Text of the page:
• Pressure sales tactics: It exists in every industry, I get it, but if you pay for your fitting you are paying for information, use it to your advantage. You shouldn’t feel pressured to buy, and it’s always OK to seek out a knowledgeable second opinion (knowledgeable being a very key word in that sentence!).  If you are getting the hard sell or any combination of the traits above, there is a good chance you’re not working with the right fitter for you.

Final thoughts

Great fitters with great reputations and proper knowledge have long lists, even waiting lists, of golfers waiting to see them. The biggest sign of a great fitter is a long list of repeat customers.

Golf is a game that can be played for an entire lifetime, and just like with teachers and swing coaches, the good ones are in it for the long haul to help you play better and build a rapport—not just sell you the latest and greatest (although we all like new toys—myself included) because they can make a few bucks.

Trust your gut, and ask questions!


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TG2: TaylorMade P7MB & P7MC Review | Oban CT-115 & CT-125 Steel Shafts



Took the new TaylorMade P-7MB and P-7MC irons out on the course and the range. The new P-7MB and P-7MC are really solid forged irons for the skilled iron players. Great soft feel on both, MB flies really low, and the MC is more mid/low launch. Oban’s CT 115 & 125 steel shafts are some of the most consistent out there. Stout but smooth feel with no harsh vibration at impact.

Check out the full podcast on SoundCloud below, or click here to listen on iTunes or here to listen on Spotify.

Want more GolfWRX Radio? Check out our other shows (and the full archives for this show) below. 

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Opinion & Analysis

The Wedge Guy: Improve your transition for better wedge play



In my opinion, one of the most misunderstood areas of the golf swing is the transition from backswing to downswing, but I don’t read much on this in the golf publications. So, here’s my take on the subject.

Whether it’s a short putt, chip or pitch, half wedge, full iron or driver swing, there is a point where the club’s motion in the backswing has to come to a complete stop–even if for just a nano-second–and reverse direction into the forward swing. What makes this even more difficult is that it is not just the club that is stopping and reversing direction, but on all but putts, the entire body from the feet up through the body core, shoulders, arms and hands.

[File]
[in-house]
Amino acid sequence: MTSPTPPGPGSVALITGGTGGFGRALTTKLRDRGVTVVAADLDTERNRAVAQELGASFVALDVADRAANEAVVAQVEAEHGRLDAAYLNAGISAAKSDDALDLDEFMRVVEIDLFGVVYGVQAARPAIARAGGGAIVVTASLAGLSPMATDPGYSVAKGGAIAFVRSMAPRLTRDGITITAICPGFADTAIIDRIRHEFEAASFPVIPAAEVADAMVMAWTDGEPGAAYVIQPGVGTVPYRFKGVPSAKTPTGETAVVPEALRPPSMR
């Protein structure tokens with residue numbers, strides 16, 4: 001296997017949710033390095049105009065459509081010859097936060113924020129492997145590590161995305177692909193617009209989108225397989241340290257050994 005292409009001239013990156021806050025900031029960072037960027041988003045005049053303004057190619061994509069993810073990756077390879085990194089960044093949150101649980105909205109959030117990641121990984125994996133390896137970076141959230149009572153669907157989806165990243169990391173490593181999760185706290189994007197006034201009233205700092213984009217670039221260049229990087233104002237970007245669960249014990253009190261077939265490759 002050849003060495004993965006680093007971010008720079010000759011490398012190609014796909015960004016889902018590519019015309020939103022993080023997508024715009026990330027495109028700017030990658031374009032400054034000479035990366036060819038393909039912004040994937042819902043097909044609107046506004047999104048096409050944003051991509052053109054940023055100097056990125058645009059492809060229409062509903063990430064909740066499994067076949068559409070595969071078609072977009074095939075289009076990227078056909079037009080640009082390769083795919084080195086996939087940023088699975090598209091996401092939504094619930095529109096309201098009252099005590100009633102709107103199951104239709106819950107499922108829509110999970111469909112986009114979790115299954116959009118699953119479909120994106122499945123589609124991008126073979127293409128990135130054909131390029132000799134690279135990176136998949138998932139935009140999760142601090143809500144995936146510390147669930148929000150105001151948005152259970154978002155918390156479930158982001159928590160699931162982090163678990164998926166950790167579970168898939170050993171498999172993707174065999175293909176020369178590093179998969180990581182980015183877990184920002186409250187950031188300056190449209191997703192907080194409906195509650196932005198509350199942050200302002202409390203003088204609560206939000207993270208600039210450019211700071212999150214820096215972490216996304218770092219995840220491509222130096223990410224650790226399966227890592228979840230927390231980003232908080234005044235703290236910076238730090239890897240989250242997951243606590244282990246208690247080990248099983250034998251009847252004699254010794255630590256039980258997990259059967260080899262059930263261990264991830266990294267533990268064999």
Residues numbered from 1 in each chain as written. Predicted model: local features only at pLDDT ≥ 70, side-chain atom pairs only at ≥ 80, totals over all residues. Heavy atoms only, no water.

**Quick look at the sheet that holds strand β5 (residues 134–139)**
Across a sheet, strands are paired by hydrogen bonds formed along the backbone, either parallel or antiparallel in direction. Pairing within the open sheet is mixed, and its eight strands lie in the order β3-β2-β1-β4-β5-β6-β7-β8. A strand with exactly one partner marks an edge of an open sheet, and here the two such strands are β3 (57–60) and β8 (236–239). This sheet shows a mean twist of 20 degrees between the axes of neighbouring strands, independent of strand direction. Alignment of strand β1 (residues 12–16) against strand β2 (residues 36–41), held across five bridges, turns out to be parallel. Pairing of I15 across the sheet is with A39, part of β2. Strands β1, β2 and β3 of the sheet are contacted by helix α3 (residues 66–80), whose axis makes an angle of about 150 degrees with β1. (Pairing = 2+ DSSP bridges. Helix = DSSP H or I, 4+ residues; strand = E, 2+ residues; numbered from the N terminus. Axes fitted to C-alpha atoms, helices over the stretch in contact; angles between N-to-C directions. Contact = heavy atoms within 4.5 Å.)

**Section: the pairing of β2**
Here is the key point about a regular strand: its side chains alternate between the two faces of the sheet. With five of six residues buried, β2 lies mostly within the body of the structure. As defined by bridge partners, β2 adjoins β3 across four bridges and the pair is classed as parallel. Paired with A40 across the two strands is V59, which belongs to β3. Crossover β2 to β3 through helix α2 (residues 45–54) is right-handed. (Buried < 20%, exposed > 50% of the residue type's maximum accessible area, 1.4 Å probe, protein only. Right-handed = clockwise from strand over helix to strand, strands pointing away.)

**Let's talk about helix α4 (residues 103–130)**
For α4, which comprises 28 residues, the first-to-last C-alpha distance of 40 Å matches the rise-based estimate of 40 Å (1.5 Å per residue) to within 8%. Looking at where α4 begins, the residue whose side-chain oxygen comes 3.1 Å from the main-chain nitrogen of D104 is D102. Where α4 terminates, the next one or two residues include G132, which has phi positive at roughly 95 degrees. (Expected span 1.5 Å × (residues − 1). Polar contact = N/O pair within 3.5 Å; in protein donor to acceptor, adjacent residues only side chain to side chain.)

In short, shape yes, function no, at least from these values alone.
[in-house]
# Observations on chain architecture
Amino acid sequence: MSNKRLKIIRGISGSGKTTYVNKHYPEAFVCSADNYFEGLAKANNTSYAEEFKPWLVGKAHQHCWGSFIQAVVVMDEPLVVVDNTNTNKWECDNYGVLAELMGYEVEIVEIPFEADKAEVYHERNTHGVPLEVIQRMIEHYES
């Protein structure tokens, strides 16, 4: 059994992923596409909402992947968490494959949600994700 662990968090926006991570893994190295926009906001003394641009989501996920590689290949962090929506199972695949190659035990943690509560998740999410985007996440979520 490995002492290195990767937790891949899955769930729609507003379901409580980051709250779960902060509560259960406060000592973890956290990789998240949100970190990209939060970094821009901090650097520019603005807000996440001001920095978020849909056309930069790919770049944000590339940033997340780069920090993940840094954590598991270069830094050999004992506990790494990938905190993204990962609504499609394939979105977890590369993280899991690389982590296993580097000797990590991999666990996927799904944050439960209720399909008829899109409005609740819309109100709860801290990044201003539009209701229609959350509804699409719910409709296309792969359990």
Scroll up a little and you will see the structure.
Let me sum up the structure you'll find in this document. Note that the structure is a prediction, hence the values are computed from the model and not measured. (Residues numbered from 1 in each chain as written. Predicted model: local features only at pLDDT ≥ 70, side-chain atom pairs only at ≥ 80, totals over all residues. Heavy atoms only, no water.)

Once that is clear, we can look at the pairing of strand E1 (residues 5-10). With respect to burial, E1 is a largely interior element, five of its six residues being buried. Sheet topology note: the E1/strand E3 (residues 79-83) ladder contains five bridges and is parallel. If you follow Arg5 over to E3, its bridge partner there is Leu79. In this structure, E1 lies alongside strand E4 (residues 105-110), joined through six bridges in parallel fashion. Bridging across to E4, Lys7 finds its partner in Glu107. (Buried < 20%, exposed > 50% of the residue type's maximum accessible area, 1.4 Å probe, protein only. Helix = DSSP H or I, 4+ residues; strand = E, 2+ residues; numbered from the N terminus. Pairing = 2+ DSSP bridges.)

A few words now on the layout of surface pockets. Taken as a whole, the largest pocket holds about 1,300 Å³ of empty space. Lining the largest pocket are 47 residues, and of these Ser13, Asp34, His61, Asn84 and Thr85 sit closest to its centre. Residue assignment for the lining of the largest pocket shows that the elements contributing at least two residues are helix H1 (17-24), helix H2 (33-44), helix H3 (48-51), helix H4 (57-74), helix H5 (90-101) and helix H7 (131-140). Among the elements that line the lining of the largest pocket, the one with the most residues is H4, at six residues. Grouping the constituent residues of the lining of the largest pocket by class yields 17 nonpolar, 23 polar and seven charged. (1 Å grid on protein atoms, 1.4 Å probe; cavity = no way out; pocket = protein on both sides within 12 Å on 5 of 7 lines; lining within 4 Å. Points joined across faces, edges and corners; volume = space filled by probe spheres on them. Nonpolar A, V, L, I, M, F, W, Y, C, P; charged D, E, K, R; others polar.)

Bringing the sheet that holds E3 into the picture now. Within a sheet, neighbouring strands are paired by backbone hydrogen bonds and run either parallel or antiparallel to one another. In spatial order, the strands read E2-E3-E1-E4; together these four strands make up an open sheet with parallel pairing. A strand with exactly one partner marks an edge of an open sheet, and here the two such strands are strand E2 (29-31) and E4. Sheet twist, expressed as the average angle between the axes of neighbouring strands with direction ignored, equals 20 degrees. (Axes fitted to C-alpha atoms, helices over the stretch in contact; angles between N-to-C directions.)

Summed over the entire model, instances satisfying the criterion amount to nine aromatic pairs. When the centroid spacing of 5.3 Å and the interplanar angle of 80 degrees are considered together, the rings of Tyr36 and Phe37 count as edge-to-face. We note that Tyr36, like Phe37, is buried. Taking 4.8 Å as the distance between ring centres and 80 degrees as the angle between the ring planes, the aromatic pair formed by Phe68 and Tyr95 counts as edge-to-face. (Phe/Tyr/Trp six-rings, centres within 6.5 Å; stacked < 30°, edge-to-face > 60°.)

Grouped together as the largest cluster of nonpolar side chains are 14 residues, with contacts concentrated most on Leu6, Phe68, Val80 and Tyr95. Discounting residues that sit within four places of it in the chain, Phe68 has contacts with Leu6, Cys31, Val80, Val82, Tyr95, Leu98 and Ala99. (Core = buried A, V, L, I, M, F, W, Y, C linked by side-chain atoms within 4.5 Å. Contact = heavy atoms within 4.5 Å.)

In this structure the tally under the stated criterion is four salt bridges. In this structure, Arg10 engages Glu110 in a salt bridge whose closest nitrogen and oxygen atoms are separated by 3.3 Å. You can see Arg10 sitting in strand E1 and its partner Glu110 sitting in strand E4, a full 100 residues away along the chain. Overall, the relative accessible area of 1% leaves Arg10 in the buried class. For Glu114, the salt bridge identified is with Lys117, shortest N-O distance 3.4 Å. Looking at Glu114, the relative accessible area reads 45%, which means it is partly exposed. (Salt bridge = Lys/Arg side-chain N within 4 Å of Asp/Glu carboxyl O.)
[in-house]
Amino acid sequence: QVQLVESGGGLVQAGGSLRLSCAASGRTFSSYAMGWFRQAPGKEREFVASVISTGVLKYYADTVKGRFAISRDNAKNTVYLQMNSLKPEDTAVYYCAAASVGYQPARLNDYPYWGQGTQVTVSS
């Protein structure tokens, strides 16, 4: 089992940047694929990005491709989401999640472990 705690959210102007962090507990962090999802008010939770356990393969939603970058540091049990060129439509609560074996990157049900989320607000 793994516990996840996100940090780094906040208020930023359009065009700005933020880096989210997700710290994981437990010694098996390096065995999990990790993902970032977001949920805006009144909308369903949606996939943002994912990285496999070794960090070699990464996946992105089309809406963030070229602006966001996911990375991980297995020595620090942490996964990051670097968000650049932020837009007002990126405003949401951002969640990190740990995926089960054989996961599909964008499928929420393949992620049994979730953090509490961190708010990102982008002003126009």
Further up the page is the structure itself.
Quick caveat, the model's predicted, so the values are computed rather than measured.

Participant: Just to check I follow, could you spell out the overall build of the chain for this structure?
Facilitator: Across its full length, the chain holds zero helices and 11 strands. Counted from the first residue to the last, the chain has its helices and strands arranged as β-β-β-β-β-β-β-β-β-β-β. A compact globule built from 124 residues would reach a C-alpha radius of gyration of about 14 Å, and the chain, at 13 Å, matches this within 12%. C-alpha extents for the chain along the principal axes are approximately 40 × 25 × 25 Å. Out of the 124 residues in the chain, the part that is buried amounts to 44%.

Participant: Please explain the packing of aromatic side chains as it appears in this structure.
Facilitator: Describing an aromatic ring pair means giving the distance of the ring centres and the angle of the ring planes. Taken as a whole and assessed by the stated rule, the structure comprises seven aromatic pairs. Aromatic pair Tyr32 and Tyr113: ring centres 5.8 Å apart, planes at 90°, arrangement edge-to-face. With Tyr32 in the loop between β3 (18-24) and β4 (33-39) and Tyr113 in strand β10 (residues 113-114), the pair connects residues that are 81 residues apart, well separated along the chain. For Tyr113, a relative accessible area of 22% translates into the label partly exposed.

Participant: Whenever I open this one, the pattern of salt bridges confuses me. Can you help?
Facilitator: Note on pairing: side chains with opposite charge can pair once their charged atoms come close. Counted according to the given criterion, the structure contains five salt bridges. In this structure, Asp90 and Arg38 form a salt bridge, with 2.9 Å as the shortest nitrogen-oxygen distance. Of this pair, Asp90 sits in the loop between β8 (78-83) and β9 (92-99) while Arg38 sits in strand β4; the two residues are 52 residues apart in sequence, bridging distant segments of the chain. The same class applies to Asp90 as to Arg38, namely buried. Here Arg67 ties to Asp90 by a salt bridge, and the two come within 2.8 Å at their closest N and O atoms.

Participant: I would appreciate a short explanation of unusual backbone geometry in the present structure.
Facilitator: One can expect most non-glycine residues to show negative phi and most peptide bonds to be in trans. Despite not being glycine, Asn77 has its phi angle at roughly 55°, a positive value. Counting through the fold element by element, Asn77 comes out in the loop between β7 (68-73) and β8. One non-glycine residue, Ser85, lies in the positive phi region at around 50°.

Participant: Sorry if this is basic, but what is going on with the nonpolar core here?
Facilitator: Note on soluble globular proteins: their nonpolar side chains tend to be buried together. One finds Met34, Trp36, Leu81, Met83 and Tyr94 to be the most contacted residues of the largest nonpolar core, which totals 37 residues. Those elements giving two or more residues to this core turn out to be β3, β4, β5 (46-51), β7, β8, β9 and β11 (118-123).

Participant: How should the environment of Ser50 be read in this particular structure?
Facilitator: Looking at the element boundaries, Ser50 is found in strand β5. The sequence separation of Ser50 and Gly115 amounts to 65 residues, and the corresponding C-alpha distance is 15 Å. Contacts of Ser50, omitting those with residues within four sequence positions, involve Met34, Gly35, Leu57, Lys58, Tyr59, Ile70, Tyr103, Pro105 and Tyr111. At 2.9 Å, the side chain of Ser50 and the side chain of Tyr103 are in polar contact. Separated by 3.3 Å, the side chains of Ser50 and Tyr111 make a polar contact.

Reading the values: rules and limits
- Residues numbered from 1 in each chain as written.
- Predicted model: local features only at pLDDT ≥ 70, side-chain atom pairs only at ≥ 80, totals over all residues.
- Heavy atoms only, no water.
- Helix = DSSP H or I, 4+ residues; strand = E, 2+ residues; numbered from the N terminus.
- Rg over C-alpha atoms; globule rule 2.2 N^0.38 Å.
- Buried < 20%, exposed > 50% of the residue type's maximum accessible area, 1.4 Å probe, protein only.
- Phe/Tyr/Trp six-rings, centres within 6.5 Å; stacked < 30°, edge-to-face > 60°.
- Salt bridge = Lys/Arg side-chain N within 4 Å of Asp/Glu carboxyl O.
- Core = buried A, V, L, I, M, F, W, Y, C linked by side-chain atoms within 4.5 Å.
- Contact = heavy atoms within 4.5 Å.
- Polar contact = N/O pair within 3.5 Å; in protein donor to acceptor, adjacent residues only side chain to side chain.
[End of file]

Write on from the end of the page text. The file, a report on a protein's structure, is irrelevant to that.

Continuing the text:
In my observation, most golfers have a transition that is much too quick and jerky, as they are apparently in a hurry to generate clubhead speed into the downswing and through impact. But, just as you (hopefully) begin your backswing with a slow take-away from the ball, a proper start to the downswing is also a slower move, starting from this complete stop and building to maximum clubhead speed just past impact. If you will work on your transition, your ball striking and distance will improve, as will your accuracy on your short shots and putts. Let’s start there.

In your wedge play, your primary objective is to apply just the exact amount of force to propel the ball the desired distance. In order to do that, it makes sense to move the club slower, as that allows more precision. I like to think of the pendulum on a grandfather clock as a great guide to tempo and transition. As the weight goes back and forth, it comes to a complete stop at each end, and achieves maximum speed at the exact bottom of the arc. If you put that picture in your head when you chip and putt, you will develop a tempo that encourages a smooth transition at the end of the backswing.

The idea is to achieve a gradual acceleration from the end of the backswing to the point of impact, but for most golfers, this type of swing is likely much slower than yours is currently. I encourage you to not be in a hurry to force this acceleration, as that causes a quick jab with the hands, because the shoulder rotation and slight body rotation cannot move that quickly from its end-of-backswing rotation.

Here’s a drill to help you picture this kind of swing pace. Drawing on that grandfather clock visual, hold your wedge at the very end of the grip with two fingers, and get it moving like the clock pendulum–back and through. Watch the tempo and transition for a few moments, and then try to mimic that with your short or half swing tempo. No faster, no slower. You can even change how far you pull the club up to start this motion to see what happens to the pendulum tempo on longer swings.

An even better exercise is to have a friend hold a club in this manner right in front of you while you are practicing your chipping or pitching swing and try to “shadow” that motion with your swings. You will likely find that your transition is much too fast and jerky to give you the results you are after.

If you will practice this, I can practically guarantee your short-range transition will become really solid and repeatable. From there, it’s just a matter of extending the length of the swing to mid-range pitches, full short irons, mid-irons, fairway woods, and driver–all while feeling for that gradual transition that makes for great timing, sequencing, and tempo.